Tae Kim’s guide is on his website for free, so you wouldn’t need to buy it: Learn Japanese – Tae Kim's Guide to Learning Japanese


Isn’t that the same when you are learning something?

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I think if you’re hitting a point of frustration, it’s useful to find something you can more or less handle. Of course, being new (and I’m new too, even less time than you!), pretty much everything native is beyond us. Well, that is, unless your tolerance for looking up every word in a sentence and every grammar point is remarkably high.

What I’ve found that really works, and helps make Japanese feel a little more approachable, are graded readers and simple beginner comprehensible input videos.

There’s more out there, but those are the resources I’ve personally used and had good luck with, and both have multiple difficulty levels to choose from. Some people don’t like them because they aren’t the most thrilling content, and I mean, yeah, that’s not untrue. But I find them useful for easing myself into the language – dispelling the apprehensions that come with reading and listening to the unknown, and I’ve picked up plenty of words and stuff along the way. Allegedly (if you’re familiar with the Stephen Krashen theories about language) this is even the best way to properly acquire language – personally I just like as much variety in methods as I can find. I hope something here helps <3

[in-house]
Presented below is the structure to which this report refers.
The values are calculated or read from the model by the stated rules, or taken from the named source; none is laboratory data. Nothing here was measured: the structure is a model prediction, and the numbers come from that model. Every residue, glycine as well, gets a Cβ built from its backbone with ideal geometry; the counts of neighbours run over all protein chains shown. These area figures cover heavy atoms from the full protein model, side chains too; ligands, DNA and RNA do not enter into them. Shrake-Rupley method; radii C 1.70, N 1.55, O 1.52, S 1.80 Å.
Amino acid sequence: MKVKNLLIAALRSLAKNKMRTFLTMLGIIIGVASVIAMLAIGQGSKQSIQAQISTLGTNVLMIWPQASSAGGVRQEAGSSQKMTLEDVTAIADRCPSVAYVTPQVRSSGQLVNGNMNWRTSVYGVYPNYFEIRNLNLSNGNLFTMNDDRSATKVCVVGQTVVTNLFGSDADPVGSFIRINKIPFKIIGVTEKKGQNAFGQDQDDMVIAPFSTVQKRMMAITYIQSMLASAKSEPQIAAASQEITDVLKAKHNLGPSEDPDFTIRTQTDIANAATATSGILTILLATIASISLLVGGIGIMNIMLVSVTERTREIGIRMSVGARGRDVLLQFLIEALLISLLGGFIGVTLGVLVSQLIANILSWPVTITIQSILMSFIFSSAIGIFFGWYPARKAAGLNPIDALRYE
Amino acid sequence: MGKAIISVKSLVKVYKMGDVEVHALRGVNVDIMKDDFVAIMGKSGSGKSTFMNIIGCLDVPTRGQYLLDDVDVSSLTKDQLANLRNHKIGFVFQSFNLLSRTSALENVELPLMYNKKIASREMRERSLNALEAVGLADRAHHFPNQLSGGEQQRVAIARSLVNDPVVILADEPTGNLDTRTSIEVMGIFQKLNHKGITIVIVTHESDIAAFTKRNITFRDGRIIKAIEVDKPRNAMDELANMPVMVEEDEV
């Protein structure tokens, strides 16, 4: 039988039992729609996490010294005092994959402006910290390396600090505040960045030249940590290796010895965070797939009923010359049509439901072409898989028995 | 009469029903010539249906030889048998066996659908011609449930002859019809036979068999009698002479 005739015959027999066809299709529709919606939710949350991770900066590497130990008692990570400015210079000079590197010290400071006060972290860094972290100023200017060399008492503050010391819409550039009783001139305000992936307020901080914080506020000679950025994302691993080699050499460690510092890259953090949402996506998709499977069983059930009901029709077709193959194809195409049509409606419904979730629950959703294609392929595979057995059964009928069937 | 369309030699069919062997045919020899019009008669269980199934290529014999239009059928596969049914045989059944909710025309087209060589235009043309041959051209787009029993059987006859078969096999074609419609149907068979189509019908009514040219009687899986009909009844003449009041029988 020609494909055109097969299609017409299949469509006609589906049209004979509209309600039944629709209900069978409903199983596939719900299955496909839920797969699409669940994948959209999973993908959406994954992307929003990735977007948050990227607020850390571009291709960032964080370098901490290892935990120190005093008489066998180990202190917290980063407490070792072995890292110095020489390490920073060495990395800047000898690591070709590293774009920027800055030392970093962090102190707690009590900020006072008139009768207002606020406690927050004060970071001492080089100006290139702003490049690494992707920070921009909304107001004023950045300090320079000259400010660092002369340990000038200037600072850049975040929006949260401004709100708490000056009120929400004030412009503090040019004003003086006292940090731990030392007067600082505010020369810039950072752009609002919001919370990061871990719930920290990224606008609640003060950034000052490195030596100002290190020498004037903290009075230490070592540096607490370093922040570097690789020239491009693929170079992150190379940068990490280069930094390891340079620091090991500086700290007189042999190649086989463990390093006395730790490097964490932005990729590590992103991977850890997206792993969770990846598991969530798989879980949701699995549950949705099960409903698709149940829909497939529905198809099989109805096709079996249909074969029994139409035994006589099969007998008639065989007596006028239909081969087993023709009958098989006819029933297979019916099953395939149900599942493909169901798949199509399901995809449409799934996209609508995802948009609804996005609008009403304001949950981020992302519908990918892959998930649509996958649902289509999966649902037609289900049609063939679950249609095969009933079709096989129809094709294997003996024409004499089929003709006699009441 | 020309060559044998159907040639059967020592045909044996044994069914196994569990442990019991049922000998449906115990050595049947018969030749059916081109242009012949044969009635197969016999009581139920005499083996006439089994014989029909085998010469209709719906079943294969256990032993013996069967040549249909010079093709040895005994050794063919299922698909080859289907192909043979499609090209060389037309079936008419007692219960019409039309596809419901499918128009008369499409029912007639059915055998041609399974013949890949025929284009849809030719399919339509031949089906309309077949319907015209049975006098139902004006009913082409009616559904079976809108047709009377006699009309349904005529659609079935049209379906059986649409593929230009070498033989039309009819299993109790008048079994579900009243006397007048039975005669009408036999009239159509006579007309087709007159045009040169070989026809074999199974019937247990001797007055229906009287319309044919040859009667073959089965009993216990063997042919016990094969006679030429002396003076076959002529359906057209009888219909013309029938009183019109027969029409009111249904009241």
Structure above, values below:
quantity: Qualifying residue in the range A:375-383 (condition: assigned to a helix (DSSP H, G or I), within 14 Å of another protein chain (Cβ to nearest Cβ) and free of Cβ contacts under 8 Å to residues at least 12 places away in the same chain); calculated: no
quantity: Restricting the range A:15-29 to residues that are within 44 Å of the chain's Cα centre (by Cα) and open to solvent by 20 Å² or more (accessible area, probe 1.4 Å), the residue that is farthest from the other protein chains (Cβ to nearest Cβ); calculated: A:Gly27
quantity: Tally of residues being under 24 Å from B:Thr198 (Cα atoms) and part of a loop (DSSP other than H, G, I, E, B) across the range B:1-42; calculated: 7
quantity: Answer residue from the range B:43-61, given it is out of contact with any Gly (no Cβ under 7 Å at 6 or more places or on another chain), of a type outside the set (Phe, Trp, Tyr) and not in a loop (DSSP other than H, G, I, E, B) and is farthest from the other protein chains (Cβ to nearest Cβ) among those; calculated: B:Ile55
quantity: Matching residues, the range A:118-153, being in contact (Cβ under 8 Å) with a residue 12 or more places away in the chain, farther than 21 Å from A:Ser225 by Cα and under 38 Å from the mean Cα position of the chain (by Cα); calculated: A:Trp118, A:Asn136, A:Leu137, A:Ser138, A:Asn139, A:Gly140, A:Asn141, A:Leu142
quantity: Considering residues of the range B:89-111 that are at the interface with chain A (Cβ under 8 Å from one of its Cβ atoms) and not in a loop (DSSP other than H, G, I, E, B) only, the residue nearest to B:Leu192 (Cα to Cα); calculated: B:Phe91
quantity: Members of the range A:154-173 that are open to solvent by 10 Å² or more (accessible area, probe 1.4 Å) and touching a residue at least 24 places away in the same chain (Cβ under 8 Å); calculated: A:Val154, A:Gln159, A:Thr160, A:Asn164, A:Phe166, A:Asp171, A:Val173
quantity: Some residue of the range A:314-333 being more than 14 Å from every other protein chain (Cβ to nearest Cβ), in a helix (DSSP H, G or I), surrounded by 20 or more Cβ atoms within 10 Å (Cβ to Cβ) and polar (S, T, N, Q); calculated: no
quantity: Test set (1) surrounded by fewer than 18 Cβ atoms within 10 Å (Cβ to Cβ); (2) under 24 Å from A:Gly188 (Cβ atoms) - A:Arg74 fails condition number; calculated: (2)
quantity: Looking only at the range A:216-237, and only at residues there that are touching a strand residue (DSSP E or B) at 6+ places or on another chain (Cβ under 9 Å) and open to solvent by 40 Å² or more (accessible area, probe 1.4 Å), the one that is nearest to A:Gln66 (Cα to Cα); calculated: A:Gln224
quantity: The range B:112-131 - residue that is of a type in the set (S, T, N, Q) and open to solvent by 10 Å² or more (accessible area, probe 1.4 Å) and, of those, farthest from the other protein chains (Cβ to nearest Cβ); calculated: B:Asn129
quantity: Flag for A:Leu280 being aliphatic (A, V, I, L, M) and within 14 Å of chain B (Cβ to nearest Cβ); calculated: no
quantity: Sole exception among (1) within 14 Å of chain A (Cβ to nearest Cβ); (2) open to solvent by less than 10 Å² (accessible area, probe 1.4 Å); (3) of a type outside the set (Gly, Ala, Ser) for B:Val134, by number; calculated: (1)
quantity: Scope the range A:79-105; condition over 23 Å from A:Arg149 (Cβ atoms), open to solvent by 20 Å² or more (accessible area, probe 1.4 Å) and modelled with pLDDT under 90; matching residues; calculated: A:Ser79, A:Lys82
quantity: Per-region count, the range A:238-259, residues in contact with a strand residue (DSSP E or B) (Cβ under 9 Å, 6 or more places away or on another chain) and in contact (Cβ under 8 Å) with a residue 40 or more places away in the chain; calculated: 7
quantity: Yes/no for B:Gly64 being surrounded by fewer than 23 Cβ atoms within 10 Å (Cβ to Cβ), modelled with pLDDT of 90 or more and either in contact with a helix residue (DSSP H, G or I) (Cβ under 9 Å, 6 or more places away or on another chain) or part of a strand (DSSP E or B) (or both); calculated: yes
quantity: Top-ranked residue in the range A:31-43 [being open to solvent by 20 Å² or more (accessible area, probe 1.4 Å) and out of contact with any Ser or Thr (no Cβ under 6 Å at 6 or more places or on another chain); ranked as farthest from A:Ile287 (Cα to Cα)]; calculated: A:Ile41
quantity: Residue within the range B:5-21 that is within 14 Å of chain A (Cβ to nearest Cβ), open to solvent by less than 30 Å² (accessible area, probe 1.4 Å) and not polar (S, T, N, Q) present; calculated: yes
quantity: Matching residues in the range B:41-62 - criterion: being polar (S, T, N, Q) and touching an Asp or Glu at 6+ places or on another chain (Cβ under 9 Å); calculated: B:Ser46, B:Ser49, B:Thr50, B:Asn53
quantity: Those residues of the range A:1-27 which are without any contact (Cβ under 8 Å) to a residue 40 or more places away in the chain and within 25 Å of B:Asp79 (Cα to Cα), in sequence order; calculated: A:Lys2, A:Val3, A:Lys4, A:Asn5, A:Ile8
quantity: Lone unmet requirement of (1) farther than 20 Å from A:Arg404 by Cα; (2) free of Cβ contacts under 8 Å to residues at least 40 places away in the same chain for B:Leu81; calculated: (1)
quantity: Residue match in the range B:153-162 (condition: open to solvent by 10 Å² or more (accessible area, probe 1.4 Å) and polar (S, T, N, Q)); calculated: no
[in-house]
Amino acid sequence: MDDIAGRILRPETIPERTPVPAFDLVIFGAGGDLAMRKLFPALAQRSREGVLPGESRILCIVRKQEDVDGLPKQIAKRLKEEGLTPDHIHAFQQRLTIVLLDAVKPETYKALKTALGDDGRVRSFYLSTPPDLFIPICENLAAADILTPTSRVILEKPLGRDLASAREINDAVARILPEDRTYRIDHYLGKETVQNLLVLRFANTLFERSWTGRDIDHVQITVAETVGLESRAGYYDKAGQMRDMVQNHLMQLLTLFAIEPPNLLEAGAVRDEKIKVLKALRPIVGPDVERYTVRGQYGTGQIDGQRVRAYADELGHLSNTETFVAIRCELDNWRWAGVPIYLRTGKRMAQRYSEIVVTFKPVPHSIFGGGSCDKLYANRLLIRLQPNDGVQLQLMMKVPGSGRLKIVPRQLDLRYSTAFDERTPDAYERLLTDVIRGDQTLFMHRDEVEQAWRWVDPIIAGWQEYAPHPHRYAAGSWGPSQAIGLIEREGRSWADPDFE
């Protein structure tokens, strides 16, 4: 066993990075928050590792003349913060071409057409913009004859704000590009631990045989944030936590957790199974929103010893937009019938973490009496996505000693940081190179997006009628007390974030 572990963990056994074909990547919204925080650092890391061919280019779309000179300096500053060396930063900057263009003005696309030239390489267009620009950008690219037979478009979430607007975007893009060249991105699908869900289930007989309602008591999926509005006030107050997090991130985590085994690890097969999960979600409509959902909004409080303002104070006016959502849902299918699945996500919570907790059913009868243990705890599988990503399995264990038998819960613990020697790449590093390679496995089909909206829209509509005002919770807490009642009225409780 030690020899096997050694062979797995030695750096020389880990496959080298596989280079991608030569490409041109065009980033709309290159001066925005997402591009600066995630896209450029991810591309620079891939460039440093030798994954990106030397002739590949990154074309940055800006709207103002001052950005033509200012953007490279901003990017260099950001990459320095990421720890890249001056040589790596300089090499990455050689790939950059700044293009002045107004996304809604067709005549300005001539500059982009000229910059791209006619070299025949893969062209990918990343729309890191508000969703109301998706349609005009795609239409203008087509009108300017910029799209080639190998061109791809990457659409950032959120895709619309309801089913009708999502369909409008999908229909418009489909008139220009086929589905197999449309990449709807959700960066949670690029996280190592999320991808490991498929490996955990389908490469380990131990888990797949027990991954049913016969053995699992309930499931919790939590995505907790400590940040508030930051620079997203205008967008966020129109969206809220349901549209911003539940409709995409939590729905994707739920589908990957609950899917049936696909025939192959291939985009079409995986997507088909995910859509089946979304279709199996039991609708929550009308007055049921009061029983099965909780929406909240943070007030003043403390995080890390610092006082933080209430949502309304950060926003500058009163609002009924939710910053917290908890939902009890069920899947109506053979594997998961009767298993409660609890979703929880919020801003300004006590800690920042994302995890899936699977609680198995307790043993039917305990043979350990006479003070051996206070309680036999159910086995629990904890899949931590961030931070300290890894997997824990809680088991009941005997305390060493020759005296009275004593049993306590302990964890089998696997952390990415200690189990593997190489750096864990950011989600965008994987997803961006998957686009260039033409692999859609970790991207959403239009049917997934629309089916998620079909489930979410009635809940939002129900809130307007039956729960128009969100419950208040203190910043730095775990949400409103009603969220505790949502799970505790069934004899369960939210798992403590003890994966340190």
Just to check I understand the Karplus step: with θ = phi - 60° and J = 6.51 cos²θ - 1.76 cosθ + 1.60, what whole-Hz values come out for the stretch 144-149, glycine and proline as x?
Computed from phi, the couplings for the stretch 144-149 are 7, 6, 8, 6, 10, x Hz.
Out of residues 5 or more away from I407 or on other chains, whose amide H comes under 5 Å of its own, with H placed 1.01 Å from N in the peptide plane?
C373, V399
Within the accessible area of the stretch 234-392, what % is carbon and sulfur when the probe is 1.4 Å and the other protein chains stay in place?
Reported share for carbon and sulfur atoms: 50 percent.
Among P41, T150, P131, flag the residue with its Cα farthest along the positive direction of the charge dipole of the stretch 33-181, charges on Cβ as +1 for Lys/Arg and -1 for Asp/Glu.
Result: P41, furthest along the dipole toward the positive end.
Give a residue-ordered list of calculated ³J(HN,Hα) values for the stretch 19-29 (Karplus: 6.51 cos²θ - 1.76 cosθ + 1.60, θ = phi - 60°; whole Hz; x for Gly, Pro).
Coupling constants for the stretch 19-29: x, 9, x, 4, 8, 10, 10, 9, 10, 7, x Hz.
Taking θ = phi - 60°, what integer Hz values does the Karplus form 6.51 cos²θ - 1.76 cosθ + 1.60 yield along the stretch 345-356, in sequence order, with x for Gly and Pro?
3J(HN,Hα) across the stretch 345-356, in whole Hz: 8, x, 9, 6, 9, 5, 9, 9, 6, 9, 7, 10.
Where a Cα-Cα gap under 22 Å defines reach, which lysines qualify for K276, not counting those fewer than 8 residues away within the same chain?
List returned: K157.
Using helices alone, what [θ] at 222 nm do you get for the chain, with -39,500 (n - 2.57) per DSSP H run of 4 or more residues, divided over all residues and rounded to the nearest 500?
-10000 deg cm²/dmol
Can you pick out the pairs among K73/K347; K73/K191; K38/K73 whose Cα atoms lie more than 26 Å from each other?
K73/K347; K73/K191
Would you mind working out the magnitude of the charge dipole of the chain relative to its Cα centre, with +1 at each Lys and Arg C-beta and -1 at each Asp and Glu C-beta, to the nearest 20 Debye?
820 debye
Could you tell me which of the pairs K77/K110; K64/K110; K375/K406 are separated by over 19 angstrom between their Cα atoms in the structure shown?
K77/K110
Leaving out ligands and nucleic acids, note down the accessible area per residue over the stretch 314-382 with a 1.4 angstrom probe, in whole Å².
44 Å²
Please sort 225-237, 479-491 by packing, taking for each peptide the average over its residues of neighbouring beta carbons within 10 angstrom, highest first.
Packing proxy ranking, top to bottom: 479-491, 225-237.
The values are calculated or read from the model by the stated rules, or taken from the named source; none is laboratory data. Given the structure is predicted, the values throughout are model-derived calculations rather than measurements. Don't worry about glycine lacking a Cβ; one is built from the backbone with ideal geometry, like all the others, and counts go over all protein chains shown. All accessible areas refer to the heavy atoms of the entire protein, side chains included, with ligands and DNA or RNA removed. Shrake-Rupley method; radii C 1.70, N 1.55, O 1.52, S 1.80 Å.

I should add, have you noticed the book clubs around here? I just joined the Absolute Beginner one myself. The manga is clearly beyond my level in some ways at this moment, but the thread is full of helpful people, and that’s another nice way to ease in.

And as for the grammar question, it seems definitely important to pick some sort of grammar resource to get a foundation. I use Genki, but anything decently reputable, including several Youtube video series (Cure Dolly for example) or Tae Kim’s website stuff that you don’t have to pay for (as opposed to buying the book), can all do the job.